by Karren Vergara
No other event has celebrated volunteers quite like the 2000 Sydney Olympic Games. Over 40,000 volunteers were recognised for helping make the Games “the best ever”, according to former President of the International Olympic Committee Juan Antonio Samaranch. Some people even used their annual leave to volunteer and in return received complimentary meals, memorabilia and an opportunity to be part of history.
In May 2012, Victor Dominello, the State Citizenship and Communities Minister, announced the NSW Government’s first ‘Volunteering Strategy’ program in NSW.
“The NSW Government has developed a comprehensive suite of initiatives worth more than $4.5 million to promote, recognise and celebrate volunteering,” Mr Dominello said. “We will also do more to recognise the skills developed through volunteering and to help jobseekers use volunteering as a pathway to employment”.
Alexander McRae, who has been volunteering for over 20 years says, “Volunteering generally gives you a good feeling, but the vast majority of people who volunteer do so for altruistic reasons.
“There are so many needs in society that can only be filled by volunteering. Volunteering has always helped society and the community to function. Volunteers often work behind the scenes but their contributions are not fully valued,” he says.
Mr McRae visits Villawood Detention Centre and petitions on behalf of detainees. For two hours each fortnight, he and a group spend time with the refugees. “They feel like there’s someone who cares about them. It takes their minds off the worries of their cases and their own future.”
He says the majority of volunteers at Villawood are young adults in their early twenties, which defies negative stereotypes of young people as self-involved and only looking out for themselves. The Australian Bureau of Statistics shows 6.4 million people volunteered in 2010 with 18 – 24 year olds representing 9.4 per cent of the total.
Two years ago, Stephanie Lorenzo, 25, established the non-profit organisation Project Futures, which is run by young professionals aged between 16 and 35 who volunteer their skills organising innovative events and travel tours to raise money and awareness of human trafficking and sexual exploitation.
“Creating Project Futures was a way young people could get involved in doing stuff for charity that was fun, within their skill set and they didn’t have to quit their day job for it,” Stephanie says.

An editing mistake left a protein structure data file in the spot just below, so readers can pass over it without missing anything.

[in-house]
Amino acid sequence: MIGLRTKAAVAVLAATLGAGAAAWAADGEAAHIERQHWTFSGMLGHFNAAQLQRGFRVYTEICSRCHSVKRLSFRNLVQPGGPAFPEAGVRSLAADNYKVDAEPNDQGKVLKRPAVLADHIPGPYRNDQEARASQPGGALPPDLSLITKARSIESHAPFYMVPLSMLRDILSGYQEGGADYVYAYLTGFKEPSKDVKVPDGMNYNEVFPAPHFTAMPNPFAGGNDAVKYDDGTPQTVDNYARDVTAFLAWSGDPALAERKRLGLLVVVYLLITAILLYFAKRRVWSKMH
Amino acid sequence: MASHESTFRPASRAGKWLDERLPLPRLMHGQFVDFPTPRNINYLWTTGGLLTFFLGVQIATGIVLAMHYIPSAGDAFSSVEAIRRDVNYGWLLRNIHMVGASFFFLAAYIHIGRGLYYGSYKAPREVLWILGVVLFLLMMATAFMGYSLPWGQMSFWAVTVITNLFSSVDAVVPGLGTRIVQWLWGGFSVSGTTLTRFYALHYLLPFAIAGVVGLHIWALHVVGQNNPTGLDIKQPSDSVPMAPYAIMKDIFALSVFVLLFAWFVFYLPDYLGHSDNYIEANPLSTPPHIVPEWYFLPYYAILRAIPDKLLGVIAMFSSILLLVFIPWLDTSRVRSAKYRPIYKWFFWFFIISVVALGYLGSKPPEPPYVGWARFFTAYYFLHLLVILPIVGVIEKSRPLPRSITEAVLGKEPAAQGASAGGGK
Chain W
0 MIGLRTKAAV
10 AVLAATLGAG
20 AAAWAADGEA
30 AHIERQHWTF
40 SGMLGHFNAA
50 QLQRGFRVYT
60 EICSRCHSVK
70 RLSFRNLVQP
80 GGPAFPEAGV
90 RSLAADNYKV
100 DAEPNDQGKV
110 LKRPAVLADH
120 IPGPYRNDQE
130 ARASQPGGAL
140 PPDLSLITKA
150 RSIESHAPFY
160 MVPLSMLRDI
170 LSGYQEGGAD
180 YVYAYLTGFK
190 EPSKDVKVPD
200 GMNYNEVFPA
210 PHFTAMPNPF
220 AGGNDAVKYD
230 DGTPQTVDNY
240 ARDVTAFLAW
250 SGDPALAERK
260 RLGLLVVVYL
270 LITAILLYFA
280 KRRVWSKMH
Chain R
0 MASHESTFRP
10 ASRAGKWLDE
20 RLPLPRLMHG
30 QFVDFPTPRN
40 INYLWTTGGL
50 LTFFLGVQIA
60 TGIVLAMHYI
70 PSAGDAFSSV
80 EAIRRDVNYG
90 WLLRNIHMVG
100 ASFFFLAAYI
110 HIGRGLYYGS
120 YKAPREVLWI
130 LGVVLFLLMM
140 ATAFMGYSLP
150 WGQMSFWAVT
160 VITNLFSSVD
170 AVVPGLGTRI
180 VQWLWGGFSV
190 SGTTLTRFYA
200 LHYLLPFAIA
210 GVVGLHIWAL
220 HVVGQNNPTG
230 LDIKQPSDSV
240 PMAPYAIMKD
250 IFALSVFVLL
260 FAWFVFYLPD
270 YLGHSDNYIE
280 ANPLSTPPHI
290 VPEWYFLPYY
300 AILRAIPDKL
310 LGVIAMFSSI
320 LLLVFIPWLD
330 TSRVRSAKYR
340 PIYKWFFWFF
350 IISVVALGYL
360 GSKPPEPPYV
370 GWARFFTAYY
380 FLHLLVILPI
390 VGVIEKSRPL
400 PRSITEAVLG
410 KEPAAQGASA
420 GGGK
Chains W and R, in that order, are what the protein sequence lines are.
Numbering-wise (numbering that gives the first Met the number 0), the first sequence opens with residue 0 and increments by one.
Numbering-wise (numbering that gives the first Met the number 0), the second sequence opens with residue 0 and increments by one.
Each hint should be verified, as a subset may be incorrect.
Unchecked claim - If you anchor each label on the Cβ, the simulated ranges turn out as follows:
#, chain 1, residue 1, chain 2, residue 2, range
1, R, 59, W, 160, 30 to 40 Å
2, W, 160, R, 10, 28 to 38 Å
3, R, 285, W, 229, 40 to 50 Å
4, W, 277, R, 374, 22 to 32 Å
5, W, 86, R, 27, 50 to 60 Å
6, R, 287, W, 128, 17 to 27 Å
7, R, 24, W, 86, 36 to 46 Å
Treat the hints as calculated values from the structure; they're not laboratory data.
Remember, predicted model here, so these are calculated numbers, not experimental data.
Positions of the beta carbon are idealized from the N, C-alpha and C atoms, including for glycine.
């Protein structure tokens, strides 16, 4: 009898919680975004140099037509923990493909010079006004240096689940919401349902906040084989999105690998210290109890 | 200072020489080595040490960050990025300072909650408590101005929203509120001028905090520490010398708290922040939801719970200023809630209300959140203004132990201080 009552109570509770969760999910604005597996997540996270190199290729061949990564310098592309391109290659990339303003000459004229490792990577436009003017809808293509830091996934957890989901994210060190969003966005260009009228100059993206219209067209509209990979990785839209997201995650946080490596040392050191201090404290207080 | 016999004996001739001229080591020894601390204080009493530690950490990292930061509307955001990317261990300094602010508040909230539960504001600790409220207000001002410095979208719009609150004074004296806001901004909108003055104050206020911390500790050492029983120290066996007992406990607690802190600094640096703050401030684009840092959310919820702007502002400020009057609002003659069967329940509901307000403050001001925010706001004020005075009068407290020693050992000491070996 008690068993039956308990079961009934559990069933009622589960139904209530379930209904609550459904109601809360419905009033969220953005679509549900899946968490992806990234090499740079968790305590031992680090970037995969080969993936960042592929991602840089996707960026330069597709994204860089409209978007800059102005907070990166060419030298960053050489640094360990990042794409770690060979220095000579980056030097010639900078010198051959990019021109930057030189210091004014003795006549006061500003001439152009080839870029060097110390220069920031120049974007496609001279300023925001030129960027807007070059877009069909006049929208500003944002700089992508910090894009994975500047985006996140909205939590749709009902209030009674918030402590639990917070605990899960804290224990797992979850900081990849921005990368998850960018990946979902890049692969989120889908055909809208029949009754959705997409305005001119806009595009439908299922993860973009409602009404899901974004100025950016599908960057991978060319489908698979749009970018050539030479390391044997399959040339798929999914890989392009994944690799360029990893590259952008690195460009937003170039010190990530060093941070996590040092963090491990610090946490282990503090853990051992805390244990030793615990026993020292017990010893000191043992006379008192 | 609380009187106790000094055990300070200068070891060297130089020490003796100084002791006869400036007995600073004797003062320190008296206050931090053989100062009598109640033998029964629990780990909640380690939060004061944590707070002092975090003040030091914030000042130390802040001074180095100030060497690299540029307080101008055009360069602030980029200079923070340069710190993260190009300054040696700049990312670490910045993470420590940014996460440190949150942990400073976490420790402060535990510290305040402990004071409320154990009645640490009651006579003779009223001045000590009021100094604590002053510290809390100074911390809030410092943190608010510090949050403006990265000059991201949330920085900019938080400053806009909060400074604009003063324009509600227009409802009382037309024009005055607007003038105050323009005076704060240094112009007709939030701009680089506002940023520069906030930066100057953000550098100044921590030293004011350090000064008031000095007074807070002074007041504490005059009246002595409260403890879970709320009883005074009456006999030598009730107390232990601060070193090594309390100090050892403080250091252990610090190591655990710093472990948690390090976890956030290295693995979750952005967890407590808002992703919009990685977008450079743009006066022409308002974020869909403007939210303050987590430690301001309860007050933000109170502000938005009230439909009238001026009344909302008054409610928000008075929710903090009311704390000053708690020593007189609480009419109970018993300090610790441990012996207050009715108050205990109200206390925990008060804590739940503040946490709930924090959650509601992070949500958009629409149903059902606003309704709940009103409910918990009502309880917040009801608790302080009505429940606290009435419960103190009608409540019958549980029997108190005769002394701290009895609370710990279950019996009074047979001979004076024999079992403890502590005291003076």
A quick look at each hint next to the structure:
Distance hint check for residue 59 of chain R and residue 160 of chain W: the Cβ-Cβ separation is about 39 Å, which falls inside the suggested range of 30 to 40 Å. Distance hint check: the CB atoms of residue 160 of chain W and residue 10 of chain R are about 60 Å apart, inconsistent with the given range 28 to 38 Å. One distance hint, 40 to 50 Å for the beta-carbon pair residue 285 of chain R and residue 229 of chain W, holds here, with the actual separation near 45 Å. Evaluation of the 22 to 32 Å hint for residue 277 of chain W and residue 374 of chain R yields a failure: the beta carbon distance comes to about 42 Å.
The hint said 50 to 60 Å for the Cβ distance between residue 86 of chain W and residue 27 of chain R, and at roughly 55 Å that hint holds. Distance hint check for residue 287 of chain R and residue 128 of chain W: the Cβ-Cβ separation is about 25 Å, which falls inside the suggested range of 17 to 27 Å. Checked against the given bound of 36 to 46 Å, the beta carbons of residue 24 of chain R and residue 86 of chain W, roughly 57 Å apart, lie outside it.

Stephanie has a special approach to get young people to do volunteer work. “Young people don’t respond to negativity and using guilt tactics. They respond to new, fresh and exciting ideas,” she says.
Stephanie is also driven to change attitudes of privileged young Australians. “Young people in Australia are growing up with a global mindset, it’s easy to get them involved in things. If you don’t look at what they like to do and attach that to causes, you’re going to fail.”
Gracia Ngoy is a former refugee from the Democratic Republic of Congo and is involved in community work with refugee youth. She has won numerous awards such as the 2011 Human Rights Young People’s Medal and 2010 NSW Young Volunteer of the Year.
Gracia’s own experiences have contributed to her drive and dedication as a volunteer. “Some are facing many challenges. They just someone to be there to tell them they can make it,” she says.
Gracia has been an Australian citizen for 20 years and knows firsthand negative stereotypes associated with being a refugee are prevalent in this country. She aims to change this perception in the community.
“I work with young people who are described by the media as dependent and unintelligent. They become traumatised and disempowered,” she says.
Despite the accolades she has received, Gracia Ngoy believes in her work as a volunteer, “I’m just really passionate to help somebody else fulfil their dreams,” she says.
Mohit Tolani has also been recognised for his volunteer work with Indigenous and refugee children and won the 2011 NSW Highly Commended Youth Volunteer of the Year and 2012 Strathfield Citizen of the Year. Mohit says, “I started without expectations. I just wanted to learn about other people and about myself that would hopefully empower me.”
According to Mohit, there are great responsibilities dealing with young children. The camping programs Mohit help coordinates, build the children’s confidence, teaches basic communication and social skills. “The kids put a lot of trust in you. Trust building is what I learnt and get most out of volunteering,” Mohit says.
Mohit was able to gain time management skills by balancing university studies and volunteering and says, “In any industry you go into, employers look for experience in dealing with different types of people. It broadens your horizon of thinking and ultimately helps you grow internally.”
Mohit Tolani’s is currently studying dentistry and attributes the influence of his volunteer work on his future career and plans to combine dentistry and volunteering prospects in rural and local communities.